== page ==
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Tortuguero National Park

At various times of the year, four species of sea turtles—green, hawksbill, loggerhead, and giant leatherback—lumber up the 35 km (22 miles) of beach to deposit their eggs for safekeeping.

In 1975 the Costa Rican government established Tortuguero National Park to protect the sea turtle population, which had been decimated after centuries of being aggressively hunted for its eggs and carapaces. This is the best place in Costa Rica to observe these magnificent creatures' nesting and hatching rituals. Still, despite preservation efforts, less than 1% of the hatchlings will make it to adulthood.

Turtles may be the name of the game here, but keep your eyes peeled for non-turtle species, too: tapirs, jaguars, anteaters, ocelots, howler monkeys, white-faced capuchin monkeys, three-toed sloths, collared and white-lipped peccaries, coatis, and blue morpho butterflies also populate the park. You can wander the beach independently when the turtles aren't nesting, but riptides make swimming dangerous, and shark rumors persist.

Best Time to Go

The July-through-October nesting season for the green turtle is Tortuguero's most popular time to visit. It rains here (a lot!) year-round, so expect to get wet no matter when you go. February through April and September and October are a tad drier.

Fun Fact

One of nature's mysteries is how turtles find their way back to the same beach years later. It's thought that the sand leaves a biological imprint on the turtle hatchlings during their scurry to the sea, which directs females to return here years later to nest.

Best Way to Explore

Bird-Watching and Wildlife

This is a birder's dream destination. Some of the rarer species you'll find here include the snowy cotinga, palm warbler, and yellow-tailed oriole. Waterbirds and herons abound. On a recent foray, members of the Birding Club of Costa Rica were treated to a close-up view of a wide-eyed rufescent tiger-heron chick sitting in his nest, squawking impatiently for food. You'll also see iguanas, caimans, and sloths. Bird-watching and wildlife spotting sometimes collide: while watching two beautiful agami herons feeding on a muddy bank, birders were shaken up by the sudden splash of a crocodile attacking the herons. Happily, the herons were quicker off the mark than the birders were!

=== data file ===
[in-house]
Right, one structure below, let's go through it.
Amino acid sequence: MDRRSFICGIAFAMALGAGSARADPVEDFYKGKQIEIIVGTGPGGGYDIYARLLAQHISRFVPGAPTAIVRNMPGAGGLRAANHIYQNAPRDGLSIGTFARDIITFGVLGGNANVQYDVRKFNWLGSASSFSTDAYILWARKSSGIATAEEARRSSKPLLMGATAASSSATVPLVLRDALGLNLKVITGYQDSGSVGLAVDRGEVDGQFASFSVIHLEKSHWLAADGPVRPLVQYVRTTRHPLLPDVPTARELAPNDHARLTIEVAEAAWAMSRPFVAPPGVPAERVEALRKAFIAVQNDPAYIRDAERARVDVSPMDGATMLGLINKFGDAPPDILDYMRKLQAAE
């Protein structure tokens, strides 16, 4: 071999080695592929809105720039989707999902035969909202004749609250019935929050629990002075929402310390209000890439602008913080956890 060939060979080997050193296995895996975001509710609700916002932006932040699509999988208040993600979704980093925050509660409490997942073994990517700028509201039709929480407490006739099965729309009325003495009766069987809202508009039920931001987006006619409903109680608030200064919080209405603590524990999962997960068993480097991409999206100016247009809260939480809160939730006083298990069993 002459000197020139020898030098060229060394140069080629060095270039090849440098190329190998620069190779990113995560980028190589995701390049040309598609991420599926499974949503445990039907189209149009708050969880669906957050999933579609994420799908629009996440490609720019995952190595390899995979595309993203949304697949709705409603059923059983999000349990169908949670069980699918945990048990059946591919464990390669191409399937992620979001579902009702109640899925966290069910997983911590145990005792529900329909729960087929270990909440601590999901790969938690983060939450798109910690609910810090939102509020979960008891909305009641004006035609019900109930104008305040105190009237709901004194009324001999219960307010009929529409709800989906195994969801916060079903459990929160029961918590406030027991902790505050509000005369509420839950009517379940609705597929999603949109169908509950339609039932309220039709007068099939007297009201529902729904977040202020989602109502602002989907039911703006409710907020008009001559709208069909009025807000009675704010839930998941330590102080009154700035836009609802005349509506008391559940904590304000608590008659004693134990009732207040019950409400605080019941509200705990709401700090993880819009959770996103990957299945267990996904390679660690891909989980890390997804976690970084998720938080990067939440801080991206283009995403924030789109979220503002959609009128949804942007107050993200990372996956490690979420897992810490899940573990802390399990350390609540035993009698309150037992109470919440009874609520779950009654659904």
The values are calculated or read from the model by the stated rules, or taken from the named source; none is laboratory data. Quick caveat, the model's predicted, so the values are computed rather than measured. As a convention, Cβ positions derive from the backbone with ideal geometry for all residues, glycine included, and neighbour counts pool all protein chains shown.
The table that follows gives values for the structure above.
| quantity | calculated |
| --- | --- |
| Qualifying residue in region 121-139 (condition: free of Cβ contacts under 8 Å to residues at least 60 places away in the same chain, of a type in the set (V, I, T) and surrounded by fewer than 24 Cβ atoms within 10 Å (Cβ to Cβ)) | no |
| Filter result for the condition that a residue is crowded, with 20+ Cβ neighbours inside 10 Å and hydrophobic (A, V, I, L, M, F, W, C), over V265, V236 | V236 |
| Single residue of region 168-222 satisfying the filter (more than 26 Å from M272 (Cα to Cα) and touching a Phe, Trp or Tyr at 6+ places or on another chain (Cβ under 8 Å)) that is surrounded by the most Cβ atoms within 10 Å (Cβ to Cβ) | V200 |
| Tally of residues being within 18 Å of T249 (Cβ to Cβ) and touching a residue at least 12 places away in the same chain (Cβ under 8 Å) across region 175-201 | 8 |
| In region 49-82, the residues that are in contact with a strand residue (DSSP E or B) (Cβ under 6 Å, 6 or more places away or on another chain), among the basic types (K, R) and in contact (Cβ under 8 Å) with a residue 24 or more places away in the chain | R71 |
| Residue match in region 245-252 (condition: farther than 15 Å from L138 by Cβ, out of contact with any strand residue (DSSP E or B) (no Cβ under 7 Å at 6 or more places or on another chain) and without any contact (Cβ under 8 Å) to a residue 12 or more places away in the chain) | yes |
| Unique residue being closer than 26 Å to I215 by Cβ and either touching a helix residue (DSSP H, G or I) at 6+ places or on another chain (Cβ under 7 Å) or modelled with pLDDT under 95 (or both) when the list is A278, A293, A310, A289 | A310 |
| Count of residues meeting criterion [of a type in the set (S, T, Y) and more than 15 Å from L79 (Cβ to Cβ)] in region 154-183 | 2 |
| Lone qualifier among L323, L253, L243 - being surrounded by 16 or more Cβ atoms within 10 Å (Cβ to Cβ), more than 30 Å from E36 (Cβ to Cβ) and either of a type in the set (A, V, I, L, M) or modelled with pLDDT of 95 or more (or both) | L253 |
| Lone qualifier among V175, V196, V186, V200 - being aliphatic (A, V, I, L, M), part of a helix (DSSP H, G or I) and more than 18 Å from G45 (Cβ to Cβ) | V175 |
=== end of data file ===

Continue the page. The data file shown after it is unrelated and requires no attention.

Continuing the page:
Boat Rides

It's not quite The African Queen, but a boat ride along the narrow vine-draped canals here is close. Once you're off the main canal, the specially designed, narrow tour boats glide relatively quietly—using mandated electric motors—and slowly, which makes for better wildlife spotting and less waves that erode the lagoon banks. Another alternative is to rent a kayak and go at your own speed along the canals.

Tours

Most visitors opt for a fully escorted tour with one of the big lodges, because you're looked after from the moment you're picked up at your San José hotel until you're dropped off a day or two or seven later. All include a couple of standard tours of the park in their package prices. It's entirely possible to stay at a smaller in-town place and make à la carte arrangements yourself. No matter which way you go, your park tour will be on foot or by boat. Remember: You'll find no four-wheeled vehicles up here.

Top Reasons to Go

Luxury in the Jungle

Don't let tales of Tortuguero's isolation dissuade you from making a trip. No question: The place is remote. But the lodges up here package everything (overnight lodging, meals, tours, and, best of all, guided round-trip transport) into one price in true "leave the driving to them" fashion. You won't lift a finger.

Plane or Boat Only

Whoever coined the old adage "Getting there is half the fun" might have had Tortuguero in mind. Plane and boat are the only ways to get to this no-road sector of Costa Rica. If you have the time, the fully escorted boat trips to and from the jungle give you a real Indiana Jones experience.

Turtles

Tortuguero takes its name from the Spanish word for turtle (tortuga), and here you'll get the chance to observe the nesting and hatching of four species of sea turtle, and to ponder one of nature's amazing rituals.

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